DoD clarifies proselytization rules
As sort of an update to last week's barn-burner of a post, the DoD issued this statement:
"The U.S. Department of Defense has never and will never single out a particular religious group for persecution or prosecution. The Department makes reasonable accommodations for all religions and celebrates the religious diversity of our service members.
Service members can share their faith (evangelize), but must not force unwanted, intrusive attempts to convert others of any faith or no faith to one's beliefs (proselytization). If a service member harasses another member on the basis of race, color, sex, religion, national origin, age, or disability, then the commander takes action based on the gravity of the occurrence. Likewise, when religious harassment complaints are reported, commanders take action based on the gravity of the occurrence on a case by case basis.
The Department of Defense places a high value on the rights of members of the Military Services to observe the tenets of their respective religions and respects (and supports by its policy) the rights of others to their own religious beliefs, including the right to hold no beliefs. The Department does not endorse any one religion or religious organization, and provides free access of religion for all members of the military services.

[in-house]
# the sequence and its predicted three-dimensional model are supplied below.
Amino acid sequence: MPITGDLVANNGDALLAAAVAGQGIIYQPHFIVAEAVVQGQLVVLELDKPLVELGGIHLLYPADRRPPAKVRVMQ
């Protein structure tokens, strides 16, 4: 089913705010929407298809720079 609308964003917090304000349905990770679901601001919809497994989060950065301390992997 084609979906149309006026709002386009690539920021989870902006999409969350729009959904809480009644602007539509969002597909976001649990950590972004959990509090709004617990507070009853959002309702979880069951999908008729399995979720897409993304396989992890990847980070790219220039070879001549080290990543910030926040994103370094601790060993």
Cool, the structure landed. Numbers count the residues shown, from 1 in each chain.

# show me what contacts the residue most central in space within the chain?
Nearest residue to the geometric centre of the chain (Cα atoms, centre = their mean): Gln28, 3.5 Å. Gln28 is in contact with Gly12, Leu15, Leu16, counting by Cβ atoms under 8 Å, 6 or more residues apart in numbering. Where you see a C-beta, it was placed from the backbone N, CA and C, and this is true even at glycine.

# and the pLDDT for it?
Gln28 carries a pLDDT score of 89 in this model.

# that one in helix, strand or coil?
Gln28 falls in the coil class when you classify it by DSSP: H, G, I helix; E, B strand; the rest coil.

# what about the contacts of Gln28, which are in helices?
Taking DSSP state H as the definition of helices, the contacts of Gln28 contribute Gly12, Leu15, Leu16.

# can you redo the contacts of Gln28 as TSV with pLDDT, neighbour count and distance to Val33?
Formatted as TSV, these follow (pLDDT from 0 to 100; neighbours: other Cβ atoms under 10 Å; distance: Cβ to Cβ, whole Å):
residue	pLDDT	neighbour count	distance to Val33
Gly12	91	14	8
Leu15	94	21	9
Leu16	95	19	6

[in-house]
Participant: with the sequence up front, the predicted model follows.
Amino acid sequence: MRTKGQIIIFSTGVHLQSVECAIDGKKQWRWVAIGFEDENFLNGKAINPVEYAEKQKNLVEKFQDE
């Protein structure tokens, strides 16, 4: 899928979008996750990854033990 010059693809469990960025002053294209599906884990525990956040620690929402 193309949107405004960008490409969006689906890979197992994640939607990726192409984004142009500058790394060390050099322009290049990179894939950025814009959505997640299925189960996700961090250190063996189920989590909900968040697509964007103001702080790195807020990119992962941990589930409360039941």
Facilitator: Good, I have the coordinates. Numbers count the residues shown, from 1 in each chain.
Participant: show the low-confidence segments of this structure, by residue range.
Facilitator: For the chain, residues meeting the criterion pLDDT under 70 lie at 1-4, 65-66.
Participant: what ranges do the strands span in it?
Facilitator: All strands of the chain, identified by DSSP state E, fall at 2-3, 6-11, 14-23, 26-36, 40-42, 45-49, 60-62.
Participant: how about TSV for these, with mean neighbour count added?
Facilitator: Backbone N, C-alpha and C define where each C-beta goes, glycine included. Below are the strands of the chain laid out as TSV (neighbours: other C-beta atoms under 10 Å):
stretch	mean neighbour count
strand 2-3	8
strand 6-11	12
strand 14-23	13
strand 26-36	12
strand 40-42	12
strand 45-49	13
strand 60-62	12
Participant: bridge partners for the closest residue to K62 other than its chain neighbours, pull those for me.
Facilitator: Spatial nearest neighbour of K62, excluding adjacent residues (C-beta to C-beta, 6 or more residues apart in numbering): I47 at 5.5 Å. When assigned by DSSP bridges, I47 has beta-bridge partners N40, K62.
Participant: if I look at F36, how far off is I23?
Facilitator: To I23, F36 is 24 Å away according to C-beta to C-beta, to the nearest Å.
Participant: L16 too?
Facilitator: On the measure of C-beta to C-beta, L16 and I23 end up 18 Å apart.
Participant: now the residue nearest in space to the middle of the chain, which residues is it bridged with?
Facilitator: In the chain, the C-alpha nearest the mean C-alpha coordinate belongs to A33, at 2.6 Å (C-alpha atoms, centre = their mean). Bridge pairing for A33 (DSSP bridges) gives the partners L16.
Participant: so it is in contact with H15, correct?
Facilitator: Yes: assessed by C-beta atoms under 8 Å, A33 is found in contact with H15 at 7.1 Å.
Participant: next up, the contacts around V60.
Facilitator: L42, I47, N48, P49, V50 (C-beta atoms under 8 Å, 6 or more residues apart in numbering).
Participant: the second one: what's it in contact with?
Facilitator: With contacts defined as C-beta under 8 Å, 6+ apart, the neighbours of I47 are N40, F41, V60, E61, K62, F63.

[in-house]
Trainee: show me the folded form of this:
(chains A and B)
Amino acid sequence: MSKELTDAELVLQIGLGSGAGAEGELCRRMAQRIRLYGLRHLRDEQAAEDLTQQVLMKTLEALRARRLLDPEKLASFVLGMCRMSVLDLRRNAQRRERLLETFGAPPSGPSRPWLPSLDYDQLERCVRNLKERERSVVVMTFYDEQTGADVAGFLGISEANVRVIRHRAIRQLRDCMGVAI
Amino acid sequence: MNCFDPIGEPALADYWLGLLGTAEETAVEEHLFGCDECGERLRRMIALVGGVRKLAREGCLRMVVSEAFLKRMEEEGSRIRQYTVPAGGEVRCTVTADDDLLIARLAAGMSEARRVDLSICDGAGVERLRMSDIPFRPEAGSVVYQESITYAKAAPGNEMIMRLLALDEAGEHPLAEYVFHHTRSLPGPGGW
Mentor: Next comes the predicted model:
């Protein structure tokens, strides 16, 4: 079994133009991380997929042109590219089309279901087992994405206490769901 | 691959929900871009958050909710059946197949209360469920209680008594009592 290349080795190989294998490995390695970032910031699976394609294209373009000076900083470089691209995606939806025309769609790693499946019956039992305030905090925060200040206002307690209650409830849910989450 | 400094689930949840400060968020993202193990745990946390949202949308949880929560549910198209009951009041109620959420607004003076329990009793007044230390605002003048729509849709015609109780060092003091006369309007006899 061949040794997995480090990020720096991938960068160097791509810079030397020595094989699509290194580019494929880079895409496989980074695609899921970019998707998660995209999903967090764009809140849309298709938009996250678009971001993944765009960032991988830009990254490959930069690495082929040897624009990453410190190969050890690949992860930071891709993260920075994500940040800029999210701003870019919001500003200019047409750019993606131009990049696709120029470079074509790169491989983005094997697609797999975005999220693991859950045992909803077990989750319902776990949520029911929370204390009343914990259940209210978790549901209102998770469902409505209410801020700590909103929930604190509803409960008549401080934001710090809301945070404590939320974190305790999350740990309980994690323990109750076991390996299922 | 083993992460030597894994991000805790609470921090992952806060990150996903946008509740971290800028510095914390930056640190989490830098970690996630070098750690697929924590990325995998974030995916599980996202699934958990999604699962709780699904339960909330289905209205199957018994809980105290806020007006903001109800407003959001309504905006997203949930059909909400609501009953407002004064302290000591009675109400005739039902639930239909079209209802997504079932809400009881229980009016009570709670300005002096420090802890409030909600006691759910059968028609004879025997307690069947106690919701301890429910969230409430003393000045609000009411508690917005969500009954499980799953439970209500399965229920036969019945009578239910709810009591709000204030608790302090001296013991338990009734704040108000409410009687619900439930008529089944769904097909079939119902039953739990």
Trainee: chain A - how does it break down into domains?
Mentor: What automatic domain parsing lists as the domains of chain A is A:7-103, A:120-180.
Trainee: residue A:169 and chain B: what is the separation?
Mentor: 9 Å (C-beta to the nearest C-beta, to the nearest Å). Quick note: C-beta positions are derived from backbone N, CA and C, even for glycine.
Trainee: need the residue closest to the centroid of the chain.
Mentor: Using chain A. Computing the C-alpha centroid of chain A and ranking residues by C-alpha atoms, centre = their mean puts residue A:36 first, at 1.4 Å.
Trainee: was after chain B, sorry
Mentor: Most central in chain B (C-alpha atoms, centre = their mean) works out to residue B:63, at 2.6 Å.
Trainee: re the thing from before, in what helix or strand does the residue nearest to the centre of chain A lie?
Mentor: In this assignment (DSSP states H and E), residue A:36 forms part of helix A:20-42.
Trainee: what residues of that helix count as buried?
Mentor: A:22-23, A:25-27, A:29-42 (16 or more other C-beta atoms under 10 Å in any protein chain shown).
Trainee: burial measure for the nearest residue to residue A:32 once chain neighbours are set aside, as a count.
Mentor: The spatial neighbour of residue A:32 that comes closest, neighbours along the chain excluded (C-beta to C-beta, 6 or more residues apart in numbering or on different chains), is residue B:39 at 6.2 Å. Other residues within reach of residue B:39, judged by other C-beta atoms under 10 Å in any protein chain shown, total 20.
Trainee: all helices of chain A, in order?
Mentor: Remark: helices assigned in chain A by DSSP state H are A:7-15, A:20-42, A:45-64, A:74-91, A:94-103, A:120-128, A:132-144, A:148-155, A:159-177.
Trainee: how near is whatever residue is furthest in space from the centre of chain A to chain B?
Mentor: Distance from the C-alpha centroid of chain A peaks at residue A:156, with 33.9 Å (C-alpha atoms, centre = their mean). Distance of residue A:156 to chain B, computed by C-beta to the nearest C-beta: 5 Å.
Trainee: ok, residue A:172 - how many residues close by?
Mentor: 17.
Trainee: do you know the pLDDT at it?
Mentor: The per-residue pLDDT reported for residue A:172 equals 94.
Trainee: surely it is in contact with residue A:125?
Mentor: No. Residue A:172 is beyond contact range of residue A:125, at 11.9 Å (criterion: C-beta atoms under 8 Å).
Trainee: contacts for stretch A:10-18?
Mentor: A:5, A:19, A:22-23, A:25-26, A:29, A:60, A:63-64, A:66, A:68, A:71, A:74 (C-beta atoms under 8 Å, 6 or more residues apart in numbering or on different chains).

We work to ensure that all service members are free to exercise their Constitutional right to practice their religion--in a manner that is respectful of other individuals' rights to follow their own belief systems; and in ways that are conducive to good order and discipline; and that do not detract from accomplishing the military mission."
Apologies for the lack of posts this week. I was escorting Medal of Honor recipient Sal Giunta around during his visit to our Spring Meetings here in Indianapolis.